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Prix et parités de pouvoir d'achat (PPA)

OECD share in world GDP stable at around 50% in PPP terms in 2017

 

The United States and China are the two largest economies, each accounting for around 16% of world GDP

19/05/2020 - The OECD share in world GDP expressed in Purchasing Power Parities (PPPs) stabilised around 50% between 2011 and 2017 (latest benchmark year), according to new data released today by the International Comparison Program (ICP). Similarly, the share of large emerging economies (China, Brazil, India, Indonesia, the Russian Federation and South Africa) also stabilised at around 30% of world GDP.

The United States and China were the world’s largest economies in 2017, each accounting for around 16% of global GDP. The third largest economy was India, with 6.7% of world GDP.

PPPs are the relevant currency conversion rates to make international comparisons of economic activity. Unlike exchange rates, they correct for differences in price levels across countries. As price levels are higher in high-income countries and lower in low-income countries, a comparison based on exchange rates overstates the size of high-income countries and understates the size of low-income countries. For instance, the OECD area accounts for two thirds of world GDP with currency conversions based on exchange rates. Similarly, the share of the United States in world GDP (24.5%) is much higher than the share of China (15.2%) if exchange rates are used.

The 2017 PPPs released today include new information for non-OECD countries as compared to the 2017 PPPs available so far in OECD.Stat and the World Development Indicators, which were necessarily based on extrapolations1 of GDP deflators from the last PPP benchmark year.

Of particular note is that the 2017 benchmark PPP for China is 18% higher than the extrapolated PPP, implying a similar downward change in estimates of China’s GDP on a PPP basis. Estimates based on extrapolation suggested that China had overtaken the United States on a PPP basis in 2014 but the new benchmark estimates reveal a different picture, with both economies of equal size in 2017. This is a reminder that care is needed in comparing extrapolated estimates. In part to address the impact of extrapolated measures, the next ICP round, which is currently in preparation, will be conducted with 2021 as the reference year.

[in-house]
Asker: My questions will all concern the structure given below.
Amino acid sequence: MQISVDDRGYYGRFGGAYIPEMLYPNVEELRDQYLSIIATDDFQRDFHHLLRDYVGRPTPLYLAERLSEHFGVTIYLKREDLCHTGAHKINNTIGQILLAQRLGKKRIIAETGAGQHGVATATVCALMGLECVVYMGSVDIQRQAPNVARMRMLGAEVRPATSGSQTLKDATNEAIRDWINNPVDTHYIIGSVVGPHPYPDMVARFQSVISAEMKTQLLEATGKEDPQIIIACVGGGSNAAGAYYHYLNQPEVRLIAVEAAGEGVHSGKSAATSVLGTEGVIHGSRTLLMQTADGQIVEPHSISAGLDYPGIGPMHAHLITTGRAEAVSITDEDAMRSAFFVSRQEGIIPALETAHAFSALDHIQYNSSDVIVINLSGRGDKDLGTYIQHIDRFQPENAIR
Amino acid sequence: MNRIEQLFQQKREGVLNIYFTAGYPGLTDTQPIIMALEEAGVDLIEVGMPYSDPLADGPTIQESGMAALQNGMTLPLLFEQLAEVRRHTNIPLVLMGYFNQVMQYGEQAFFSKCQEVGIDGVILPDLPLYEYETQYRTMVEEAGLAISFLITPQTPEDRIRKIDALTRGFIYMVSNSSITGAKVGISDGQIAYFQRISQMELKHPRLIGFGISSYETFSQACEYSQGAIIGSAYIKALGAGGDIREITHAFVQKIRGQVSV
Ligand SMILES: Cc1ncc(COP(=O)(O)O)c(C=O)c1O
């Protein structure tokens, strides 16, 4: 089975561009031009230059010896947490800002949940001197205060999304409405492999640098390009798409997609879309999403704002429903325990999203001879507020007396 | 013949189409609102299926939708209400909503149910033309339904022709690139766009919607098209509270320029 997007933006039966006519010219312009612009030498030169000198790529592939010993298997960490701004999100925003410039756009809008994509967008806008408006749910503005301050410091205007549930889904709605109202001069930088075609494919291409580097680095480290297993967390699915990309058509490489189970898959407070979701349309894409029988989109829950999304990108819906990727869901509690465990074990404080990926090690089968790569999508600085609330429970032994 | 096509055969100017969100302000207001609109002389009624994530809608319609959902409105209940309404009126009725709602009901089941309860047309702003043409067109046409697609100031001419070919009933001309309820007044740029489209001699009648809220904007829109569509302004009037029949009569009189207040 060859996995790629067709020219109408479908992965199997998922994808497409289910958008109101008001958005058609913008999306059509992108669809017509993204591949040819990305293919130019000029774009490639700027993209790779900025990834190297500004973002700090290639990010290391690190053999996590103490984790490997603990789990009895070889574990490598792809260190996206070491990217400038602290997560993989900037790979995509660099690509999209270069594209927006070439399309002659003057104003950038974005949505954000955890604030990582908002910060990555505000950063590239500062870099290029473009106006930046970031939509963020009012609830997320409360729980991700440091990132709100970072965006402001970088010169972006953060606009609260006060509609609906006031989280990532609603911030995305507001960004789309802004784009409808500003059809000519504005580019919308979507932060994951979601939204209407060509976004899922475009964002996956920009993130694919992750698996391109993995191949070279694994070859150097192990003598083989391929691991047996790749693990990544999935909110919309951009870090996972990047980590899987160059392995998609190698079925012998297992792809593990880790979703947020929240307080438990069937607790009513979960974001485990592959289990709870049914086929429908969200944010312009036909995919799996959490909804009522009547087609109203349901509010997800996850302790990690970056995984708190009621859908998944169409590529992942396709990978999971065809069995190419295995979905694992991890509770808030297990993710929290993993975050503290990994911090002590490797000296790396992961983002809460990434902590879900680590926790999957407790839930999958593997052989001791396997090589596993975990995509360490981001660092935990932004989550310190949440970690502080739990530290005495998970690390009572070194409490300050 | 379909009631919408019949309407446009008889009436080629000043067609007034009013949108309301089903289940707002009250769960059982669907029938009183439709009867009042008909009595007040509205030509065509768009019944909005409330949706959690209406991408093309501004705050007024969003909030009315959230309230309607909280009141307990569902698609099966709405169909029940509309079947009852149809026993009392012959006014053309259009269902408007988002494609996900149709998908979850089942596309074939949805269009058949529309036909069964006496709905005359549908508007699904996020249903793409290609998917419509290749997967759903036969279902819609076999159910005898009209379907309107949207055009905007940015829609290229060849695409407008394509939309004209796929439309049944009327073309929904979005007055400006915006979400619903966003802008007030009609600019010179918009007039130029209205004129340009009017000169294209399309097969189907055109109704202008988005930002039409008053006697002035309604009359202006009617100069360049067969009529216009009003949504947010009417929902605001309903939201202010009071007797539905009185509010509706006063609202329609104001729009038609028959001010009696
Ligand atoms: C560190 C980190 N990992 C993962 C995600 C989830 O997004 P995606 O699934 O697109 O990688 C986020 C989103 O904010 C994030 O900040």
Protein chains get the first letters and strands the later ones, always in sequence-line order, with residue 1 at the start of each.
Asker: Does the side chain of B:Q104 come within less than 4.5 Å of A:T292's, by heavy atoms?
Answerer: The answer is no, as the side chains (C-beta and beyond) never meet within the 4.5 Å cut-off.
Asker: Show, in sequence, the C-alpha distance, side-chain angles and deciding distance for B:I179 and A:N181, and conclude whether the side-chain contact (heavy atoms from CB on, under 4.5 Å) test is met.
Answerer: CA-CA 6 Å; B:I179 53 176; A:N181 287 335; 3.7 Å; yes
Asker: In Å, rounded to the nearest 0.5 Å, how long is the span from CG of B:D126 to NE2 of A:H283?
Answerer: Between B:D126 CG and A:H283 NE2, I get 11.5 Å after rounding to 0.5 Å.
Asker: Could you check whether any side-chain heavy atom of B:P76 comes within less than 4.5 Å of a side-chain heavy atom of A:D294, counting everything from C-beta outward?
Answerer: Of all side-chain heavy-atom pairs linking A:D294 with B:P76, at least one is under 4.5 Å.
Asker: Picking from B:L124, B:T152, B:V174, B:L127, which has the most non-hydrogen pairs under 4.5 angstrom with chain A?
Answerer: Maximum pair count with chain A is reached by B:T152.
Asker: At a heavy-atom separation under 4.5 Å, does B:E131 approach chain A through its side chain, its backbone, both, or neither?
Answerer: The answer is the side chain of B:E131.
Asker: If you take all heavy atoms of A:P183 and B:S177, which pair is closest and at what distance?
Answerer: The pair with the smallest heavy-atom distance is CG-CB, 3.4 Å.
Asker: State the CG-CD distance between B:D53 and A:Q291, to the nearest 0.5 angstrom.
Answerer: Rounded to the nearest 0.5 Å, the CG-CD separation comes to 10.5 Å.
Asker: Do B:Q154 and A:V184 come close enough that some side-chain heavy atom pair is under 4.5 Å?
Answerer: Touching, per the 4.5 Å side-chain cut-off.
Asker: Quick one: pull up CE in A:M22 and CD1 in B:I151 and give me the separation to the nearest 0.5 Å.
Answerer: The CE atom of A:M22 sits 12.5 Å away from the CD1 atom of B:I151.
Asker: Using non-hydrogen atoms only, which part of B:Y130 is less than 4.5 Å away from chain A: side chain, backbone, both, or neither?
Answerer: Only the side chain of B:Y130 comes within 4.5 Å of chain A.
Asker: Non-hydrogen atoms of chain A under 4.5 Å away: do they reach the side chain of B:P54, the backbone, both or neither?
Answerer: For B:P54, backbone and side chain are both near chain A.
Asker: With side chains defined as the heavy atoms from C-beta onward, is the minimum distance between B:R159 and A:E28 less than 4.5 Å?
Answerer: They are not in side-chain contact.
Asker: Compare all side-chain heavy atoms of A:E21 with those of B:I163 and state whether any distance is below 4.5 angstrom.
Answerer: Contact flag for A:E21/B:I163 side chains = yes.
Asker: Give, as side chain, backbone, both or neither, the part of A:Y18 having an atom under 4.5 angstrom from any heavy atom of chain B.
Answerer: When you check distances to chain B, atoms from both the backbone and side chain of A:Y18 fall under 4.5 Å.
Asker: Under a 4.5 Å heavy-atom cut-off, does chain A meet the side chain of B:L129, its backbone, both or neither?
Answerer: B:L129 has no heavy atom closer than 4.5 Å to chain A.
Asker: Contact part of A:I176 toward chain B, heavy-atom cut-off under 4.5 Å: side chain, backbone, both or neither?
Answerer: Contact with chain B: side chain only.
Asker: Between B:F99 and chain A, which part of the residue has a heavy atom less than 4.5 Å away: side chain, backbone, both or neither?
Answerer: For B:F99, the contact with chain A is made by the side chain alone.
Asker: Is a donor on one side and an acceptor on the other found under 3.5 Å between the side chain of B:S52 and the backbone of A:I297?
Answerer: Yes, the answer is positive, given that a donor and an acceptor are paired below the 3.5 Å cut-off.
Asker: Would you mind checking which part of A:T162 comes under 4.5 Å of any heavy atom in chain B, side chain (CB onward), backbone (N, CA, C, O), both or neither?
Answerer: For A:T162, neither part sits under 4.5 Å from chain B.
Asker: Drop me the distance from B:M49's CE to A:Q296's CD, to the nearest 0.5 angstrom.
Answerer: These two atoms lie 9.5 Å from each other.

Shares in world GDP based on PPPs, 2017

Shares in world GDP based on PPPs, 2017

Source: 2017 International Comparison Program (ICP)

Shares in world GDP based on exchange rates, 2017

Shares in world GDP based on exchange rates, 2017

Source: 2017 International Comparison Program (ICP)

Summary of ICP 2017 results for selected countries*

Summary of ICP 2017 results for selected countries

* The OECD countries included in this Table account for a share of world GDP above 1%.

Source: 2017 International Comparison Program (ICP)

Specific PPPs can also be applied to measures of Actual Individual Consumption2 (AIC) per capita to provide insights on comparisons of material well-being of households across countries.

In the OECD area, the average3 per-capita volume of AIC was 2.75 higher than the world average in 2017. The United States had the highest AIC per capita in large economies, at over four times the world average, and close to eleven times the average in India and seven times the average in China.

Actual individual consumption per capita indices, 2017 (World = 100)

Source: 2017 International Comparison Program (ICP)

The International Comparison Program (ICP) underlying the above results is the largest worldwide statistical partnership. It involves 176 countries as well as regional agencies collecting internationally comparable prices. For all these countries, the ICP provides volume measures of Gross Domestic Product and its components, for example AIC, based on PPPs. The OECD is a partner in the ICP. Together with Eurostat, the OECD calculated 2017 benchmark PPPs for GDP and final consumption for 49 countries. These benchmark PPPs were included in the worldwide ICP comparison.

 

Useful links

International Comparison Program
Purchasing Power Parities: Frequently Asked Questions 
2017 PPPs for OECD countries 
Statistical Insights: Purchasing Power Parities – not only about Big Macs

 

Contacts

For further information, please contact the OECD Statistics and Data Directorate at stat.contact@oecd.org.

 

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1. See Chapter 18 of the ICP book “Measuring the Real Size of the World Economy

2. AIC consists of goods and services actually consumed by individuals, irrespective of whether these goods and services are paid by households, governments, or non-profit organisations

3. The average of course does not reveal inequalities within countries.

 

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